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An example of work by Joseph F. (Joe) Sweeney
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|This biography from the Archives of AskART:|
|The following, submitted July 2004 and updated June 2014 is from the artist who works in oil and pastel:|
"Joseph Sweeney's art is able to speak to moderns using the language of classical
landscape painting which contemplates nature. Sweeney's paintings
demonstrate an enormous amount of thought, meditation, and intelligent
planning. His simplicity is deceptive. The artist's harmonious
and balanced compositions actually continue the complex, classical
tradition of landscape painting in our modern age." CATHY VIKSJO Chester County Town & Country Living Fall 1999
I want my work to convey is an in depth personal exploration of the
land, and my relationship to it. My work is simple and direct but still
retains a certain sense of mystery that is inherent in all living
Born in Philadelphia, February 9, 1950, in the Delaware Valley, Sweeney
began to study art seriously after serving two years in the navy in the
North Atlantic. With the money from the G.I. Bill he attended the
Philadelphia College of Art from 1972 to 1976. He was moved to
paint landscape after watching the land he grew up on go from rural
farms to suburban sprawl in the space of 10 years.
Sweeney graduated with a Bachelors of Fine Arts in Painting and Drawing
from the Philadelphia College of Art (now the University of the Arts),
Class of 1976. He studied with and was influenced by: Isa
Barnett, Sandy Ceaser, David Kettner, Boris Putterman, Gerry Herdman,
Jack Andrews, Ray Spiller, Morris Schulman, Warren Rorher, David
Fertig, Jane Piper, Sidney Goodman, and Lily Yeh.
He has a Masters Degree from Penn State University, 1980, Art & Architecture, and studied with Bruce Shobaken, Diane Pepe and Peter Jogo. A landscape
painter living in Ardmore, Pennsylvania, he has taught and is currently
teaching classes at the Pennsylvania Academy of the Fine Arts, The
University of the Arts, Wayne Art Center, Woodmere Art Museum, Cabrini
College and Chester Springs Studio. His geographic ranges for his
paintings are from the farmland of interior Pennsylvania, to the shores
of the Delaware and Schuylkill River Valley, to the southern tip of New
He was Awarded Best of Show at 'Images '98' Central Pennsylvania Festival
of the Arts July 1998 and Best of Show for The Philadelphia Water Color
Club 98th Anniversary International exhibition of Works on Paper.
Following is a quote from the Water Color Club exhibition reviewer,
Fred B. Adelson, of The New York Times, Sunday, October 19, 1998:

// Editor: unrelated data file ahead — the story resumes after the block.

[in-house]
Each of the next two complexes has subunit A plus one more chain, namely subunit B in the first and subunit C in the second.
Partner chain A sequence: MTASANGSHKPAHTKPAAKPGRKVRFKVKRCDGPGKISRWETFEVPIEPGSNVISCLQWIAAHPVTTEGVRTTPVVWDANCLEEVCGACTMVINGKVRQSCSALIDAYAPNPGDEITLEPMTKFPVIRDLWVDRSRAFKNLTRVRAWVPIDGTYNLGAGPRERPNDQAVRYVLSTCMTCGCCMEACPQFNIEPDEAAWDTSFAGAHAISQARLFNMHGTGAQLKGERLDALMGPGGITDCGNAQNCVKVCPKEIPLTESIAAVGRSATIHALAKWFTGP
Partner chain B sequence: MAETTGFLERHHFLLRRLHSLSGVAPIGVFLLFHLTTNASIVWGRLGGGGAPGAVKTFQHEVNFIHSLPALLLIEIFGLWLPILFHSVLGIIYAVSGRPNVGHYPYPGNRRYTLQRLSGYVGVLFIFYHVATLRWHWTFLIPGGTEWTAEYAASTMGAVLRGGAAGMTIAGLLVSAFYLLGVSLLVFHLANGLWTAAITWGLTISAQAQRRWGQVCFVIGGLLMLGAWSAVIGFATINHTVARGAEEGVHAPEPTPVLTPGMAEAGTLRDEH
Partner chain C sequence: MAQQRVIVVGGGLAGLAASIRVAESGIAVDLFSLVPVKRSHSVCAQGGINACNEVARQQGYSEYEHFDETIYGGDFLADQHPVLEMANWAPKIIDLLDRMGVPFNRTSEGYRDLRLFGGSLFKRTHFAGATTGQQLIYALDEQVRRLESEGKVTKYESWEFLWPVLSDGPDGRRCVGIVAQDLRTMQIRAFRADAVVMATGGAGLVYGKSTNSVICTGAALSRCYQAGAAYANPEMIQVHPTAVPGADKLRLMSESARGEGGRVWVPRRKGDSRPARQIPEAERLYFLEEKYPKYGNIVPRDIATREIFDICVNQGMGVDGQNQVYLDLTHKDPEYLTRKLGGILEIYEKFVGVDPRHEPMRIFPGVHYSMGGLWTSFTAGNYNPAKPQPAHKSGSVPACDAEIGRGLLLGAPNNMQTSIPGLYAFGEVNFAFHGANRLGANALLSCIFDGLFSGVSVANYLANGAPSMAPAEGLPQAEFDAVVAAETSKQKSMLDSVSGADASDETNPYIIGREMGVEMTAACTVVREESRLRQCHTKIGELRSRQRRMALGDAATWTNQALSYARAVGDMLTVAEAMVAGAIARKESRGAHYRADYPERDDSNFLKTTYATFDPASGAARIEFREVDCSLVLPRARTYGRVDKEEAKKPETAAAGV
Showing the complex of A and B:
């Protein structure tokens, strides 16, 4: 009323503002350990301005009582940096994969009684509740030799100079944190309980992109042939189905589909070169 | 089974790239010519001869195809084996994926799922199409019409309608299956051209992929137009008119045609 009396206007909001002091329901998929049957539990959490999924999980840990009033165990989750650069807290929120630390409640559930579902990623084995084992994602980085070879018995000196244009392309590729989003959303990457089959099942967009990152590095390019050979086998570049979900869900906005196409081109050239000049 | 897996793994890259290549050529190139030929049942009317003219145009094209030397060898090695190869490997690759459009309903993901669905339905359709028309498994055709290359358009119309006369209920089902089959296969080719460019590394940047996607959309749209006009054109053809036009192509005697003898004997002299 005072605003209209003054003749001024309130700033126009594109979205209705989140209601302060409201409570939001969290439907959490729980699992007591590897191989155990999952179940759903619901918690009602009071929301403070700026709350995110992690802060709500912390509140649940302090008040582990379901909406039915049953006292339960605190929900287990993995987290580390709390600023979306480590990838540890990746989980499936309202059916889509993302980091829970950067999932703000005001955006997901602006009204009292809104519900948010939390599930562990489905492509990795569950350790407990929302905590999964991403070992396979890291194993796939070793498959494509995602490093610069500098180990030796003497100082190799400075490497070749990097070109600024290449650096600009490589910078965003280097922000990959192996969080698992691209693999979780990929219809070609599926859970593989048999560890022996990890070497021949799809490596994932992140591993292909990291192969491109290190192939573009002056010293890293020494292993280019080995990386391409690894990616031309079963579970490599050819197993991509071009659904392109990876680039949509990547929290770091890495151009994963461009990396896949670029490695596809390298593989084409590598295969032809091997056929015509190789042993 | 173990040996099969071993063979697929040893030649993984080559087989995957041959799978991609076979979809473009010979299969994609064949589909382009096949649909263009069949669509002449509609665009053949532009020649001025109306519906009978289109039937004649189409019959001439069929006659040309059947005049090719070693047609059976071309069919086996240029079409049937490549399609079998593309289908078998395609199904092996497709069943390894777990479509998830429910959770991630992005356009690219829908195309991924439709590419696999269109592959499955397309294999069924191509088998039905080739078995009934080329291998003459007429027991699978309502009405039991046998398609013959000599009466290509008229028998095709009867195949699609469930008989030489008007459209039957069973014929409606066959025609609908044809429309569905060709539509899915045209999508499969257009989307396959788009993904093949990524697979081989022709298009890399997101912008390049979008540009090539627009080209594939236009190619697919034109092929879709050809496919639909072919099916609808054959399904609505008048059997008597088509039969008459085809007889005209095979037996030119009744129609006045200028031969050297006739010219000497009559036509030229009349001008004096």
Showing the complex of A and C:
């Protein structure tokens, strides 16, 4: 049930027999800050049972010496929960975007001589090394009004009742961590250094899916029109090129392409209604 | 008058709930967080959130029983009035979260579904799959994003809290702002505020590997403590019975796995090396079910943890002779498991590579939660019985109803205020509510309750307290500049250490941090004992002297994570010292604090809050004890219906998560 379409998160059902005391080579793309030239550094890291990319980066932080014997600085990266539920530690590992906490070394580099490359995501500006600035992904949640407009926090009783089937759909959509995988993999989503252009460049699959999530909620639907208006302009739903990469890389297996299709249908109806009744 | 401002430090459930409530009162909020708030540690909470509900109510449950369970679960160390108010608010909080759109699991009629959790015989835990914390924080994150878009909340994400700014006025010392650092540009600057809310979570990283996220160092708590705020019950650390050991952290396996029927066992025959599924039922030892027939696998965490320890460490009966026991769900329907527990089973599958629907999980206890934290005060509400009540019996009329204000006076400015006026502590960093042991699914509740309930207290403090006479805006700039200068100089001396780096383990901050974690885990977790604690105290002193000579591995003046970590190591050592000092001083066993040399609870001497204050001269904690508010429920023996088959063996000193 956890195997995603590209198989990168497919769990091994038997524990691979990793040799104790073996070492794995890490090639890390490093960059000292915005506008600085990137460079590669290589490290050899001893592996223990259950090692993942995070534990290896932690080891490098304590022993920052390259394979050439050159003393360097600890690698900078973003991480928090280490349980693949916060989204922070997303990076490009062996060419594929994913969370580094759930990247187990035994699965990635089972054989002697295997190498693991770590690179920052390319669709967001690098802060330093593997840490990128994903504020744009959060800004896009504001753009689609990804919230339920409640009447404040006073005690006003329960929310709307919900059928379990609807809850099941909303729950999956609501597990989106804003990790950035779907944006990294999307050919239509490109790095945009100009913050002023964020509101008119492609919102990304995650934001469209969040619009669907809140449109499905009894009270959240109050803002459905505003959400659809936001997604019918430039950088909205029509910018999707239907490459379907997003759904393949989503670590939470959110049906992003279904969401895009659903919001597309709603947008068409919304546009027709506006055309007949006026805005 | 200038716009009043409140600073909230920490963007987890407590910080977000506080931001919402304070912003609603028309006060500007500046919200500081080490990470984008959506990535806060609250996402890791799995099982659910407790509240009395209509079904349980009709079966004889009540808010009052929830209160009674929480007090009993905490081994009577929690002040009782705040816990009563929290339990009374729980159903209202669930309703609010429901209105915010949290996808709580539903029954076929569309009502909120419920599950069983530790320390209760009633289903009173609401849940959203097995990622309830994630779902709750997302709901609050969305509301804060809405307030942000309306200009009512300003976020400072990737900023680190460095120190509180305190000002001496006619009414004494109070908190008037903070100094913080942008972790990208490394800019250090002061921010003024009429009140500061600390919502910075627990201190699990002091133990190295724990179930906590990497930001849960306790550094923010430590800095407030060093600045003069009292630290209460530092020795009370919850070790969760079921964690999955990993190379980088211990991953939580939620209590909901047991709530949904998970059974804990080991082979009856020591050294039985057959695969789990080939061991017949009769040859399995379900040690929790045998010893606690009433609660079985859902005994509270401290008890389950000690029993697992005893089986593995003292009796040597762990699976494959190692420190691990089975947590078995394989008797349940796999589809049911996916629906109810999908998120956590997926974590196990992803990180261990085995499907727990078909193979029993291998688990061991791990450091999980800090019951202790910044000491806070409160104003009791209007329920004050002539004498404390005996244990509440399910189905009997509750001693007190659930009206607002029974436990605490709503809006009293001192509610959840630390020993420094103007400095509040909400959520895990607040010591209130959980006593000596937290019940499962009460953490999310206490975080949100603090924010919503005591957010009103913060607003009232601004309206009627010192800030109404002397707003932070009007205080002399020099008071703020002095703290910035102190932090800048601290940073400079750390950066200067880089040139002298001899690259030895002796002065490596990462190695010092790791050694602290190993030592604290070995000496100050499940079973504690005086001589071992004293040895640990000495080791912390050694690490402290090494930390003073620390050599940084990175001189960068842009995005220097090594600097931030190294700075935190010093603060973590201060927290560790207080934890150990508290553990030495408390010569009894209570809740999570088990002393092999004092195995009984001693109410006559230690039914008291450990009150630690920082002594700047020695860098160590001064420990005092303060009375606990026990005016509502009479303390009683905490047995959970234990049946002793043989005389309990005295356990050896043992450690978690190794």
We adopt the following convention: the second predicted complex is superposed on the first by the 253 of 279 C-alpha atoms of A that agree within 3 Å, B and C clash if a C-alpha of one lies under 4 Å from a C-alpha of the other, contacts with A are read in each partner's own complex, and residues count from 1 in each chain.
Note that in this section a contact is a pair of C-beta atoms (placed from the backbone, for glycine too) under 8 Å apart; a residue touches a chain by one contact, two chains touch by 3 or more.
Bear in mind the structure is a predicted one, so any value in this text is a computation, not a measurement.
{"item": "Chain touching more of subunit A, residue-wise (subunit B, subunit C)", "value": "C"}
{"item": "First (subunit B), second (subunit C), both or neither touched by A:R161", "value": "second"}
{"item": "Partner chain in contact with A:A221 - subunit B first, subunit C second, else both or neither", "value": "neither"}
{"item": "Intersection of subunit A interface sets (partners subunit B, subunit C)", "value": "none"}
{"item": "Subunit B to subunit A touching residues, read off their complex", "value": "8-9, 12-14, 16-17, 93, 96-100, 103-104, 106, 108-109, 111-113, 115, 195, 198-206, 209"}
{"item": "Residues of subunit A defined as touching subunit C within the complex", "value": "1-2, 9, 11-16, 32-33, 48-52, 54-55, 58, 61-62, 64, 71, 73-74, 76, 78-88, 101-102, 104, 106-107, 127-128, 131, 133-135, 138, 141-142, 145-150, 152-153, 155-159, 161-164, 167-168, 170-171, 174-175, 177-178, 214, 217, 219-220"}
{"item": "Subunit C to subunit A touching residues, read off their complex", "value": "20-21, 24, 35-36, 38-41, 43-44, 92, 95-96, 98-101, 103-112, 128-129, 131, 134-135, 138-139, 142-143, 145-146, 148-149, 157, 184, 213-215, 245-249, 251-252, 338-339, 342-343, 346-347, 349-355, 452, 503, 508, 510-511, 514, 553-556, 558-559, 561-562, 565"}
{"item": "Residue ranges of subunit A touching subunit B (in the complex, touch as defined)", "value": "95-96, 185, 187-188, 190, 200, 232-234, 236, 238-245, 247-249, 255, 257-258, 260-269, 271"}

"The award for best of show was given to a truly exquisite pastel, Jack's Mountain,
by Joseph Sweeney. This picture of farmland in central
Pennsylvania is a panoramic view (more than four feet wide) capturing
the natural effect of early-morning light. Mr. Sweeney's
carefully observed cloud-filled sky recalls those by' Constable in-his
19th-century English landscapes. The richly colored strokes of
greens and blues with subtle touches of yellow appear as smooth as
Bassett's ice cream.
Sweeney founded the Pennsylvania Center for Landscape Painting in Belleville,
Pennsylvania, three and a half hours northwest of Philadelphia. Classes
consist of weekend or week long stay at Hameau Farm for painting the
Pennsylvania landscape outdoors. A primary purpose of the Center is to
promote environmental education through the collaboration of the arts
and sciences. From November, 2001 to January 30, 2002, Sweeney and
other artists in the Center for Landscape Painting were featured at the
Susquehanna Art Museum in an exhibition titled Scapes and Scrapes: Peaceful Pennsylvania Landscapes and the Best of Woodturning from Around the World. As the founder of the movement, Sweeney was a special lecturer at the exhibition.
Nancy Bea Miller, "An Artist Changes Mediums", Fine Art Connoisseur, May/June 2011
M.S. Doherty, "Capturing Fleeting Scenes in Pastel", Plein Air Magazine, Summer 2011
Cover and article in American Artist Magazine, 2000 and 1984
2013 Joseph Sweeney, New Work, Bermuda, Masterworks Museum, Paget, Bermuda
2010 Plein Air Paintings, Carbon County Cultural Project, Jim Thorpe PA
First Annual Large Format Art Show Philadelphia Sketch Club, Philadelphia, PA
150th Annual Exhibition of Small Oil Paintings Ph. Sketch Club Philadelphia, PA
Salmagundi Club, Mood Indigo, New York, NY
147th Annual Exhibition of Small Oil Paintings Ph. Sketch Club , PA (Award for Best Landscape)
Plein Air for Camphill, Rosenfeld Gallery, Philadelphia, PA
Surviving Ourselves: Woodmere Art Museum, Philadelphia, PA
147th Annual Exhibition of Works on Paper Phila.Sketch Club Philadelphia, PA (Second Place Award)
Art of the State: Pennsylvania 2008, State Museum of Pennsylvania, Harrisburg, PA
"The Pennsylvania Landscape: Colonial to Contemporary",
Haverford College, The Cantor Fitzgerald
Gallery, March 7-April 1.
“Old School, New School, No School". Carbon County Cultural Project.
Jim Thorpe PA., 142nd Annual Exhibition of Small Oil Paintings
The Philadelphia Sketch Club Philadelphia, PA
Craft Forms, Wayne Art Center, Wayne PA
Works on Paper Show, The Philadelphia Sketch Club, Philadelphia, PA
Works on Paper Show, The Philadelphia Sketch Club, Philadelphia, PA